YOU ARE HERE: LAT HomeCollections

Is the 'Hot Zone' Film Too Hot for Ridley Scott? : Movies: Financial issues cloud whether the director will continue on the Fox suspense drama as a rival virus movie proceeds at Warners.


The fragile and difficult nature of putting together big Hollywood movies was underscored this week when the race to make two competing virus movies intensified between 20th Century Fox and Warner Bros.

On Thursday, Fox-based producer Lynda Obst was struggling to save director Ridley Scott from falling out of her movie "Hot Zone," which is scheduled to begin production May 15.

Meanwhile, across town, producer Arnold Kopelson was biting his nails waiting for a final draft on rival project "Outbreak," being written by Oscar-winning screenwriter Ted Tally ("Silence of the Lambs"), so he could begin shooting with director Wolfgang Petersen ("In the Line of Fire").

While Kopelson is still looking for a star for his $40-million movie, Robert Redford's name has surfaced in Hollywood trade papers as the lead for "Hot Zone."

However, a key source close to Redford, said Thursday, "He is not attached to the project. As far as Bob is concerned, there is not a script he has committed to . . . it's nowhere near ready to go."

For days, rumors have circulated in Hollywood that Obst was in danger of losing Scott. Complications arose with a deal for this movie and the existing $25-million financing and domestic distribution arrangement that Scott and his brother Tony have with Italy's RCS Films & TV, London's Majestic Films Intl. and 20th Century Fox. Last-minute negotiations to resolve financial issues were still underway by presstime Thursday.

Mimi Polk, president of Scott's production company RCS/PMP Films, insisted that "we're proceeding forward to make this picture and feel that all the things can be worked out with Fox." She added, "It's a movie he's very enthusiastic about making with Bob Redford."

At the same time, sources suggested that Scott and Redford have had significant creative differences over the script. Polk denied that there was any conflict between Scott and Redford.

But a source said "Redford and Ridley are not getting along. They could not see eye to eye on changes in the existing script."

For days, there have been rumblings in Hollywood that not all was calm on the project, even that Scott had fallen out and that director Sydney Pollack ("The Firm") or John McTiernan ("Last Action Hero") were in the wings as possible replacements.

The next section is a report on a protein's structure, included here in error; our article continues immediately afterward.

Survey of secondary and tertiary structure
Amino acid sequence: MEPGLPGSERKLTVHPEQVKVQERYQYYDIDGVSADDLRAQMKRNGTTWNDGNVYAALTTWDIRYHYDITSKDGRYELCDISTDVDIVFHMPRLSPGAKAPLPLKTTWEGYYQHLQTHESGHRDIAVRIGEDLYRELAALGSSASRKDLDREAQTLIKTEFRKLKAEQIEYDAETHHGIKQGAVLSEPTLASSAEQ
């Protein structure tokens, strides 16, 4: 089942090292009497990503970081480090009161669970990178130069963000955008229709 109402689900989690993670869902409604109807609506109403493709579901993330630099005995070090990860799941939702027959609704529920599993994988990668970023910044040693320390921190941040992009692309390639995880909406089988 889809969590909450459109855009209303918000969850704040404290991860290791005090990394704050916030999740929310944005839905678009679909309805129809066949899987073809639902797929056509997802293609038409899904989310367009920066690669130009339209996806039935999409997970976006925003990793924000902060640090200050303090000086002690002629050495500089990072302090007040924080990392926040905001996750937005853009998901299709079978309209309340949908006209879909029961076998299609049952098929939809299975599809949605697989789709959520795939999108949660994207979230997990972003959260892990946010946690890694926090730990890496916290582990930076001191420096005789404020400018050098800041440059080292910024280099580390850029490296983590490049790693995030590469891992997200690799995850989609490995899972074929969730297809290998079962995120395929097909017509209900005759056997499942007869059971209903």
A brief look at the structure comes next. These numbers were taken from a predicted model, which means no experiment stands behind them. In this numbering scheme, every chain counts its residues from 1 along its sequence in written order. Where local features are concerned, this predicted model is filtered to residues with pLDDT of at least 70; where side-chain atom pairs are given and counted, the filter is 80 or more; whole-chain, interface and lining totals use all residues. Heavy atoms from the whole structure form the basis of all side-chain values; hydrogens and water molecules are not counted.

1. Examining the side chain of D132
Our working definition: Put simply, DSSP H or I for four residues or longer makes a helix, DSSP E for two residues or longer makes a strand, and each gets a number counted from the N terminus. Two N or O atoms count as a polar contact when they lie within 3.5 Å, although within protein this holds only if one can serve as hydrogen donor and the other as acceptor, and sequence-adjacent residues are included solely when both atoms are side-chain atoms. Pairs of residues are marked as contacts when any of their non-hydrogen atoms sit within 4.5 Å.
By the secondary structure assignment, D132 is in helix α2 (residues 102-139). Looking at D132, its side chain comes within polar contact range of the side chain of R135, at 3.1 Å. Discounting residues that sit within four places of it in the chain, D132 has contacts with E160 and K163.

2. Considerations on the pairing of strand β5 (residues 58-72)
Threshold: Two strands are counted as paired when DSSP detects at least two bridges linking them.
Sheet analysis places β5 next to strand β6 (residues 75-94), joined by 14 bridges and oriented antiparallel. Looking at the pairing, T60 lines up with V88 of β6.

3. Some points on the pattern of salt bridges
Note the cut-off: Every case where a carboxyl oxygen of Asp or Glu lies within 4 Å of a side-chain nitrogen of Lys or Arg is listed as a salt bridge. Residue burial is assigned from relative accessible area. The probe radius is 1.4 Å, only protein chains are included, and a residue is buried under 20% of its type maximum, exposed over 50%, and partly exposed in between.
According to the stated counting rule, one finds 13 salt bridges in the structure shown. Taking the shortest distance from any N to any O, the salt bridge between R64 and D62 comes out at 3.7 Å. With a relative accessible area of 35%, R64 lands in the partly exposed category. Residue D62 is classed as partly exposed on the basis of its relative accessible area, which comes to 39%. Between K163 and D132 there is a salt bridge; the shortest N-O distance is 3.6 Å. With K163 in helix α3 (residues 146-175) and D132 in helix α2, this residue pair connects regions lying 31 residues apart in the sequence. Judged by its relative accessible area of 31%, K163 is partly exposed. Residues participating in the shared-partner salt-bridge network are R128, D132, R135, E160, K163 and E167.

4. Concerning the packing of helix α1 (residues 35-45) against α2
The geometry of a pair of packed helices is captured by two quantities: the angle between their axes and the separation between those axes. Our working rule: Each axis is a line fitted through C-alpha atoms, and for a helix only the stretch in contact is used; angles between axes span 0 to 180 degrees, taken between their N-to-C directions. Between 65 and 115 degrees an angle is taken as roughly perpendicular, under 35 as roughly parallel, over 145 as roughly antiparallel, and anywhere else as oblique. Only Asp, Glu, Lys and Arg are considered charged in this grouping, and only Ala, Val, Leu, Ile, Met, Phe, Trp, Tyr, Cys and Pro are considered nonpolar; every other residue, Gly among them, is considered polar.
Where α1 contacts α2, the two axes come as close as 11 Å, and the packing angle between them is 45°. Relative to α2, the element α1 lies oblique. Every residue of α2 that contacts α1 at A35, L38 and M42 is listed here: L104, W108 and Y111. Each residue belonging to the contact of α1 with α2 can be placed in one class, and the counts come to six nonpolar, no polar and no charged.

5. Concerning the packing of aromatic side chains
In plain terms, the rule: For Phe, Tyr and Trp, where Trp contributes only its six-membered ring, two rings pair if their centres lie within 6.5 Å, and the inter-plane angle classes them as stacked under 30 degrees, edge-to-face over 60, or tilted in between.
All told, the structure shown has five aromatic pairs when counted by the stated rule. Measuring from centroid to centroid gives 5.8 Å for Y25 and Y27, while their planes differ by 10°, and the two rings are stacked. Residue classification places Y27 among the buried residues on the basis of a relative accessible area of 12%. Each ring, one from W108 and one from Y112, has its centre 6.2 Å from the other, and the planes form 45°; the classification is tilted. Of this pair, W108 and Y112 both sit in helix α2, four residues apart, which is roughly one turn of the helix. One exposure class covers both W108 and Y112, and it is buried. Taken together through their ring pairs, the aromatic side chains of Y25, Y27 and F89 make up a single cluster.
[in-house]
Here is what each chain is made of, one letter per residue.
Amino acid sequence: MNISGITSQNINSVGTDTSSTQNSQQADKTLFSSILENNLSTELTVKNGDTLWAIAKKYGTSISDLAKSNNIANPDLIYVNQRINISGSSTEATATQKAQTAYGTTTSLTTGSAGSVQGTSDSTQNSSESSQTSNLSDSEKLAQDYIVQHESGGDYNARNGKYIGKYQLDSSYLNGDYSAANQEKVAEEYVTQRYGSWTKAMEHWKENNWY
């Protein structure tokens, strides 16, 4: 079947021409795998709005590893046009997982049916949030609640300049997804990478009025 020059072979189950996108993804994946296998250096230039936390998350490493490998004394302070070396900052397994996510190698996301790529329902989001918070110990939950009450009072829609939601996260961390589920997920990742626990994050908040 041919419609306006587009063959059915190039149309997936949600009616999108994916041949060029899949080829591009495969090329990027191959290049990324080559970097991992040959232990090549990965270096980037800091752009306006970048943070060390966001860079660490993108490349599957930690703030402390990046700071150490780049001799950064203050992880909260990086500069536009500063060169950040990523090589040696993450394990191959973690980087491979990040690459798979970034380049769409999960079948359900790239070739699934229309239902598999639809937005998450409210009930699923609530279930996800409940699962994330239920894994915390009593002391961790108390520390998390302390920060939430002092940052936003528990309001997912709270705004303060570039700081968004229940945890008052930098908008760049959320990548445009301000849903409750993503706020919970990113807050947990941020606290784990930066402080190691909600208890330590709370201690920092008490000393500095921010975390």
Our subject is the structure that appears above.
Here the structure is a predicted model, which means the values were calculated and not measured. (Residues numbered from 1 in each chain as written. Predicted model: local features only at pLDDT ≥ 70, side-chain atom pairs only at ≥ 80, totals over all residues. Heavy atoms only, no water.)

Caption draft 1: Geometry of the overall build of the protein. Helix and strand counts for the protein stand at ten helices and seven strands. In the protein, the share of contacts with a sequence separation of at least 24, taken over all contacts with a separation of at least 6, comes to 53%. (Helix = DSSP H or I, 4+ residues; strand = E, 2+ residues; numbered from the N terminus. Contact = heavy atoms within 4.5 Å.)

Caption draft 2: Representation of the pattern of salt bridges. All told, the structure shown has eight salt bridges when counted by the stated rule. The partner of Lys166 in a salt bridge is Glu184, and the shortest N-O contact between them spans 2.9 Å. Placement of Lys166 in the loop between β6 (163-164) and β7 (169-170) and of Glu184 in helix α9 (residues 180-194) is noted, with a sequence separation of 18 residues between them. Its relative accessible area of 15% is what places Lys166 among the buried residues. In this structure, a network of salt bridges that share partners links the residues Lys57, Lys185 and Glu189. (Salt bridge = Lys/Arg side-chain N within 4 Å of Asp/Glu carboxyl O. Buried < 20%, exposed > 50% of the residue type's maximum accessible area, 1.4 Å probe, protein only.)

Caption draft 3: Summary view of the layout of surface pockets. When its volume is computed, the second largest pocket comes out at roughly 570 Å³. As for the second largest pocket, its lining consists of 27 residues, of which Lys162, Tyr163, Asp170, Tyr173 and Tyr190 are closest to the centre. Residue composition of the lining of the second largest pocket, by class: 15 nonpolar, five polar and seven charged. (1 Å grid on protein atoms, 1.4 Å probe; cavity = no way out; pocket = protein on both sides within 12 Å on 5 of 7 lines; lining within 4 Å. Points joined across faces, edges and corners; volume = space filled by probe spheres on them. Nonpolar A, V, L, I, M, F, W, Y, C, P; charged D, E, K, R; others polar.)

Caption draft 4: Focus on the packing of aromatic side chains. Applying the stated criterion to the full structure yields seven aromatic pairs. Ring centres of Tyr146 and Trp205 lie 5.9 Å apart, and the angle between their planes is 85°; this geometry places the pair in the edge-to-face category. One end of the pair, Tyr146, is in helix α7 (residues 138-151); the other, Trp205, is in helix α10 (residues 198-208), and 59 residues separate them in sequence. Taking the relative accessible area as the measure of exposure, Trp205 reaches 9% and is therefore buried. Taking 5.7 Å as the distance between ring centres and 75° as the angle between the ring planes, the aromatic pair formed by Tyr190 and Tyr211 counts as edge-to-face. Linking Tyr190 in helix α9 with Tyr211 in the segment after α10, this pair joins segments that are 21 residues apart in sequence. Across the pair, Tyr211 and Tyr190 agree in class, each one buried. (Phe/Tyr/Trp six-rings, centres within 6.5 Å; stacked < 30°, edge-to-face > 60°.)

A source on the Fox lot insisted that "they're still making their deals . . . everybody is hanging in."

Although Obst found the project for the studio, Scott's production company was allowed to put its imprimatur on the project. However, because Scott retains foreign rights to films he makes, wrinkles developed that could affect a potential deal with Redford, sources said. Redford normally gets paid a multimillion-dollar fee up front against 10%-15% of the gross depending on how much the movie brings in at the box office.

While Kopelson's rival film "Outbreak" is trying to wind its way to production, sources said that it could be a doomed project if Obst gets hers off the ground first.

Both films center around deadly viruses, but have different story lines. "Hot Zone" is based on a New Yorker article about a U.S. Army biological strike team's race to stop a deadly virus from escaping into an American city. Kopelson would only say that "Outbreak" is about a "deadly virus that is out of control."

Kopelson, whose "The Fugitive" is up for multiple Oscars including best picture, said that his original script, written by Laurence Dworet and Robert Pool, is now being polished by Tally, who is expected to deliver the draft in April.

"I think the race is over," Kopelson said. "If, in fact, Ridley Scott is out of it and they are on the street looking for another director, they are going to have to do a lot of catching up. I suspect that with the Tally script, we're going to be out there first."

The race between Warner Bros. and Fox not only points up the complexities of putting together big-budget, star-driven movies, but is another example of how important it is for a studio to be the first out of the chute when there are competing projects.

Los Angeles Times Articles